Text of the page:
They are on their first holiday to Kenya, a country they say is “just full of big young boys who like us older girls.”
Hard figures are difficult to come by, but local people on the coast estimate that as many as one in five single women visiting from rich countries are in search of sex.
Allie and Bethan—who both declined to give their full names—said they planned to spend a whole month touring Kenya’s palm-fringed beaches. They would do well to avoid the country’s tourism officials.
Also, the health risks are stark in a country with an AIDS prevalence of 6.9 percent. Although condom use can only be guessed at, Julia Davidson, an academic at Nottingham University who writes on sex tourism, said that in the course of her research she had met women who shunned condoms—finding them too “businesslike” for their exotic fantasies.
“We both get something we want—where’s the negative?” Allie asked in a bar later, nursing a strong, golden cocktail.
She was still wearing her bikini top, having just pulled on a pair of jeans and a necklace of traditional African beads.
Bethan sipped the same local drink: a powerful mix of honey, fresh limes and vodka known locally as “Dawa,” or “medicine.”
She kept one eye on her date—a 20-year-old playing pool, a red bandana tying back dreadlocks and new-looking sports shoes on his feet.
Grieves-Cook [Jake Grieves-Cook, chairman of the Kenya Tourist Board] and many hotel managers say they are doing all they can to discourage the practice of older women picking up local boys, arguing it is far from the type of tourism they want to encourage in the east African nation.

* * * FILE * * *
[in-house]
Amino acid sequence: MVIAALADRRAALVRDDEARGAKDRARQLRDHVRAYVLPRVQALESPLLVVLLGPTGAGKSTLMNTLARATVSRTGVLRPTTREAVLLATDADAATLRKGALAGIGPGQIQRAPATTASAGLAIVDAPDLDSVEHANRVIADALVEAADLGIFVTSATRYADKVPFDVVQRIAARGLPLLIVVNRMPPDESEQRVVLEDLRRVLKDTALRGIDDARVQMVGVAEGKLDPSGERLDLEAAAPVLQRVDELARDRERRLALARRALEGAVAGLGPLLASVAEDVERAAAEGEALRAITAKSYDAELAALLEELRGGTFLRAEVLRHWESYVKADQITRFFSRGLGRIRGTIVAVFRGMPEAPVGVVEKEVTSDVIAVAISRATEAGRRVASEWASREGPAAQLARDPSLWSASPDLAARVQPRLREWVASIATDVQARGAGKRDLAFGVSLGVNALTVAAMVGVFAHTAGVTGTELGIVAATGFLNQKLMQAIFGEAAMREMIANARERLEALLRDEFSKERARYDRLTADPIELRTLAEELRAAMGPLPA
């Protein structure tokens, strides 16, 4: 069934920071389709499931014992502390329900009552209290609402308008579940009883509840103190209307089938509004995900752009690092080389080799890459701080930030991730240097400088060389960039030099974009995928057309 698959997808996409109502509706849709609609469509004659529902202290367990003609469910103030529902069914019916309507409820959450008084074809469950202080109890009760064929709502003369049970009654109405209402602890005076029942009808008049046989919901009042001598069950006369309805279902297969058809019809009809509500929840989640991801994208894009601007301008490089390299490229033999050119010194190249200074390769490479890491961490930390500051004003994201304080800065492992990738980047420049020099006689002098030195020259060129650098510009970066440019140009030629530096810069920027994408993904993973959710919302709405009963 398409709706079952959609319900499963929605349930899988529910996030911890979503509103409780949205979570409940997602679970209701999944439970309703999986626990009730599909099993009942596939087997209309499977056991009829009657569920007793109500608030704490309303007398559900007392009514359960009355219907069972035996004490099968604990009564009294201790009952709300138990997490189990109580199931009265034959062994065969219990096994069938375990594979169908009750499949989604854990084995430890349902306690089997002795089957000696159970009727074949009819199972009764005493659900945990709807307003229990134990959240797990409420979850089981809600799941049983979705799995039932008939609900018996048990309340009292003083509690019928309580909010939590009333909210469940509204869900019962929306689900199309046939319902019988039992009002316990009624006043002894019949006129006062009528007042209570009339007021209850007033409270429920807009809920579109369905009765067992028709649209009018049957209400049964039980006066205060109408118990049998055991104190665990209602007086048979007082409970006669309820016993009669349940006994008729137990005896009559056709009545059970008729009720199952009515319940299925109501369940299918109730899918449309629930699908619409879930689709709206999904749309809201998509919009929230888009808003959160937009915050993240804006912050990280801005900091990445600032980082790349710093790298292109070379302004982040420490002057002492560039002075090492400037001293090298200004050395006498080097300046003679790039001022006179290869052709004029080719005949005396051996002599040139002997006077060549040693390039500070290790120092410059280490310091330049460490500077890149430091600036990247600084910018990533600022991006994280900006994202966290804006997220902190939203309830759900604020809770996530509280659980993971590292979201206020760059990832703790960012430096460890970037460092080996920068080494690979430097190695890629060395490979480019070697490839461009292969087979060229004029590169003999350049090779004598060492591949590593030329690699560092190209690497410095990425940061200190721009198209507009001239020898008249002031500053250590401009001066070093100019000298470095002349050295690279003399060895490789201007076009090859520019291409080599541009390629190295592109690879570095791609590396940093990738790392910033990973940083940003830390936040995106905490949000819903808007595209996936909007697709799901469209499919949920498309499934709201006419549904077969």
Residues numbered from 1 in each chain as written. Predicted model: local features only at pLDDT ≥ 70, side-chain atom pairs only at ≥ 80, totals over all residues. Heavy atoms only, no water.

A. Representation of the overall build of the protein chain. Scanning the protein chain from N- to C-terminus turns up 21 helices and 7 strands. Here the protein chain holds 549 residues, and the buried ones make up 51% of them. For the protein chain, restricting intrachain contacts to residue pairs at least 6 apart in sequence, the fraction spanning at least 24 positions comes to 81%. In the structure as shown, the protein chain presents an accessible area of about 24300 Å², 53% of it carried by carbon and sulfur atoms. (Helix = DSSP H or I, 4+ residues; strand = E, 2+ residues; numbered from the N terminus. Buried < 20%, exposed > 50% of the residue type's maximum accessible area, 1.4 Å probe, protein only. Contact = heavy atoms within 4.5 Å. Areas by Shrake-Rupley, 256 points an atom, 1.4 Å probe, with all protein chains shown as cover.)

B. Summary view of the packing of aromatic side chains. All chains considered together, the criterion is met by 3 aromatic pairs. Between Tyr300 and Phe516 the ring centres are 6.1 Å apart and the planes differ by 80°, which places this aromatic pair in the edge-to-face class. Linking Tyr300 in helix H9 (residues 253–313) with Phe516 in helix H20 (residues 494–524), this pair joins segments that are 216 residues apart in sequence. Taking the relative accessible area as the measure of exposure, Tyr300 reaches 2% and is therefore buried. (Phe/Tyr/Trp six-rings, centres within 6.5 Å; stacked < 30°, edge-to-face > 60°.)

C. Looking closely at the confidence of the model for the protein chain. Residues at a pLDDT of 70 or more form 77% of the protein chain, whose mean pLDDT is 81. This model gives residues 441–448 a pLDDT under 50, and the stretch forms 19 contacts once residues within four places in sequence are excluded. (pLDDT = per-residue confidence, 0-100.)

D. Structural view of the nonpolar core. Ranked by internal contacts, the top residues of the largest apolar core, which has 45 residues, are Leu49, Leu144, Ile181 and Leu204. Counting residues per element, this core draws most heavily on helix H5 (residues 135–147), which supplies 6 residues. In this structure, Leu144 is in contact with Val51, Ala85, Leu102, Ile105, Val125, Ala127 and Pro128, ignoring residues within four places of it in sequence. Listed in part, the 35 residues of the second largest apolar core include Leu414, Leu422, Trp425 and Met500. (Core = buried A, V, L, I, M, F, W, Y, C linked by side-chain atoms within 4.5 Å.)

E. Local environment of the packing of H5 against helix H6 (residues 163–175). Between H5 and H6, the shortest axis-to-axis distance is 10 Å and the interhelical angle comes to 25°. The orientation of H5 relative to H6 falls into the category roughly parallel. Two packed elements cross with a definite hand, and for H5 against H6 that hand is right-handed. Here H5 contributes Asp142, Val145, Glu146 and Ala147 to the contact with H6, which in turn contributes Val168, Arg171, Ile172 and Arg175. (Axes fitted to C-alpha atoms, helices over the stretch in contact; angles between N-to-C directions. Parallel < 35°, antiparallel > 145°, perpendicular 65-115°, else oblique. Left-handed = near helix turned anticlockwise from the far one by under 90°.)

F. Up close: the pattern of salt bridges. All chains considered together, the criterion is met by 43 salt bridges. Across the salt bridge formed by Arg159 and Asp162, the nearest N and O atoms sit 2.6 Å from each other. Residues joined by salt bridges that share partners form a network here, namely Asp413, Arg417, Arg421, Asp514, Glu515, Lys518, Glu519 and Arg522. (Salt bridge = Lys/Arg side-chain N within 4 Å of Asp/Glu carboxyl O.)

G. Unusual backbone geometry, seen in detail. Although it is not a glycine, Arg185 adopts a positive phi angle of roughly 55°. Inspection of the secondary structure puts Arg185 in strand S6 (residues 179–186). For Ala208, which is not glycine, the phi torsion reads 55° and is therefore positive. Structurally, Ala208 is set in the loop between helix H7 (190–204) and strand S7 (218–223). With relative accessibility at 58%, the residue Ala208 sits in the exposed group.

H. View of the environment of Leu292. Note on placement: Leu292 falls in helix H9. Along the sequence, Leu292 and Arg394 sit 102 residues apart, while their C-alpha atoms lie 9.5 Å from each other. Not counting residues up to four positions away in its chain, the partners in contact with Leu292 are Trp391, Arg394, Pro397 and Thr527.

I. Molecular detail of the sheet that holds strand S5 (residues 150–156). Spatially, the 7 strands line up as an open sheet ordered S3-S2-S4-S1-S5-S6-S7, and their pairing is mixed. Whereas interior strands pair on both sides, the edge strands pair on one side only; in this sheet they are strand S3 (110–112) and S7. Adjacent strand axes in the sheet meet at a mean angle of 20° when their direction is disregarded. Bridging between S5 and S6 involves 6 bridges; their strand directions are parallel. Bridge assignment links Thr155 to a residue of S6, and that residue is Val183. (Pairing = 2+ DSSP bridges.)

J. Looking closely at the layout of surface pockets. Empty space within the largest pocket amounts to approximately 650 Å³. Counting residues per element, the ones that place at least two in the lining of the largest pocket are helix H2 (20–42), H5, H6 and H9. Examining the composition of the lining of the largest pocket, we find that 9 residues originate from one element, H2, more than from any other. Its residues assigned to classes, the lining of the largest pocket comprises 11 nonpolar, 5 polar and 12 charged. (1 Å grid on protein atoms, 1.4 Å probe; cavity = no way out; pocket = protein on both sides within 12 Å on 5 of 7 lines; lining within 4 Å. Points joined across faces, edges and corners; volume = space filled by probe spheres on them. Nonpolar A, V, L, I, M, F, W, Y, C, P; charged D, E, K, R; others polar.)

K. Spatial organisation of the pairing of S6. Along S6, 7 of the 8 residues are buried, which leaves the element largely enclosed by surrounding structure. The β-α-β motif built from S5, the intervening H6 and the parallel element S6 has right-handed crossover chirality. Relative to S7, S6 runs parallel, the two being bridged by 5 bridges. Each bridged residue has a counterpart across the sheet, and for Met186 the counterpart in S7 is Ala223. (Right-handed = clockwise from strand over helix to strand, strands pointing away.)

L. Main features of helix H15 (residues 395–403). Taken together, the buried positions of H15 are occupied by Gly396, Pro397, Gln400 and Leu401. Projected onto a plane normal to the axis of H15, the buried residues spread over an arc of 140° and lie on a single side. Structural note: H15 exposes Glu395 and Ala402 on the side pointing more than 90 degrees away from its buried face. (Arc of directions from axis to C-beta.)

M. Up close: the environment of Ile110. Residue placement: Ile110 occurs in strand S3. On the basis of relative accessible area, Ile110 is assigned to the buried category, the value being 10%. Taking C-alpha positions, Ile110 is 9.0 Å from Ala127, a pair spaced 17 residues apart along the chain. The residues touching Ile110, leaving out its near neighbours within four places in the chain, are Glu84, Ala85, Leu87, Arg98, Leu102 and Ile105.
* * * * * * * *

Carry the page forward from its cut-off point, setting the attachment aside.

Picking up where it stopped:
These same beaches have long been notorious for attracting another type of sex tourists—those who abuse children.
As many as 15,000 girls in four coastal districts—about a third of all 12-18 year-olds girls there—are involved in casual sex for cash, a joint study by Kenya’s government and U.N. children’s charity UNICEF reported late last year.
Up to 3,000 more girls and boys are in full-time sex work, it said, some paid for the “most horrific and abnormal acts.”
“PREYING ON POVERTY?”
Emerging alongside this black market trade—and obvious in the bars and on the sand once the sun goes down—are thousands of elderly white women hoping for romantic, and legal, encounters with much younger Kenyan men.
“Old white guys have always come for the younger girls and boys, preying on their poverty. . . . But these old women followed . . . they never push the legal age limits, they seem happy just doing what is sneered at in their countries.”
Experts say some thrive on the social status and financial power that comes from taking much poorer, younger lovers.
“This is what is sold to tourists by tourism companies—a kind of return to a colonial past, where white women are served, serviced, and pampered by black minions,” said Nottinghan University’s Davidson.
“LIVE LIKE THE RICH”
Many of the visitors are on the lookout for men like Joseph.
Flashing a dazzling smile and built like an Olympic basketball star, the 22-year-old said he has slept with more than 100 white women, most of them 30 years his senior.
“When I go into the clubs, those are the only women I look for now,” he told Reuters. “I get to live like the rich mzungus (white people) who come here from rich countries, staying in the best hotels and just having my fun.”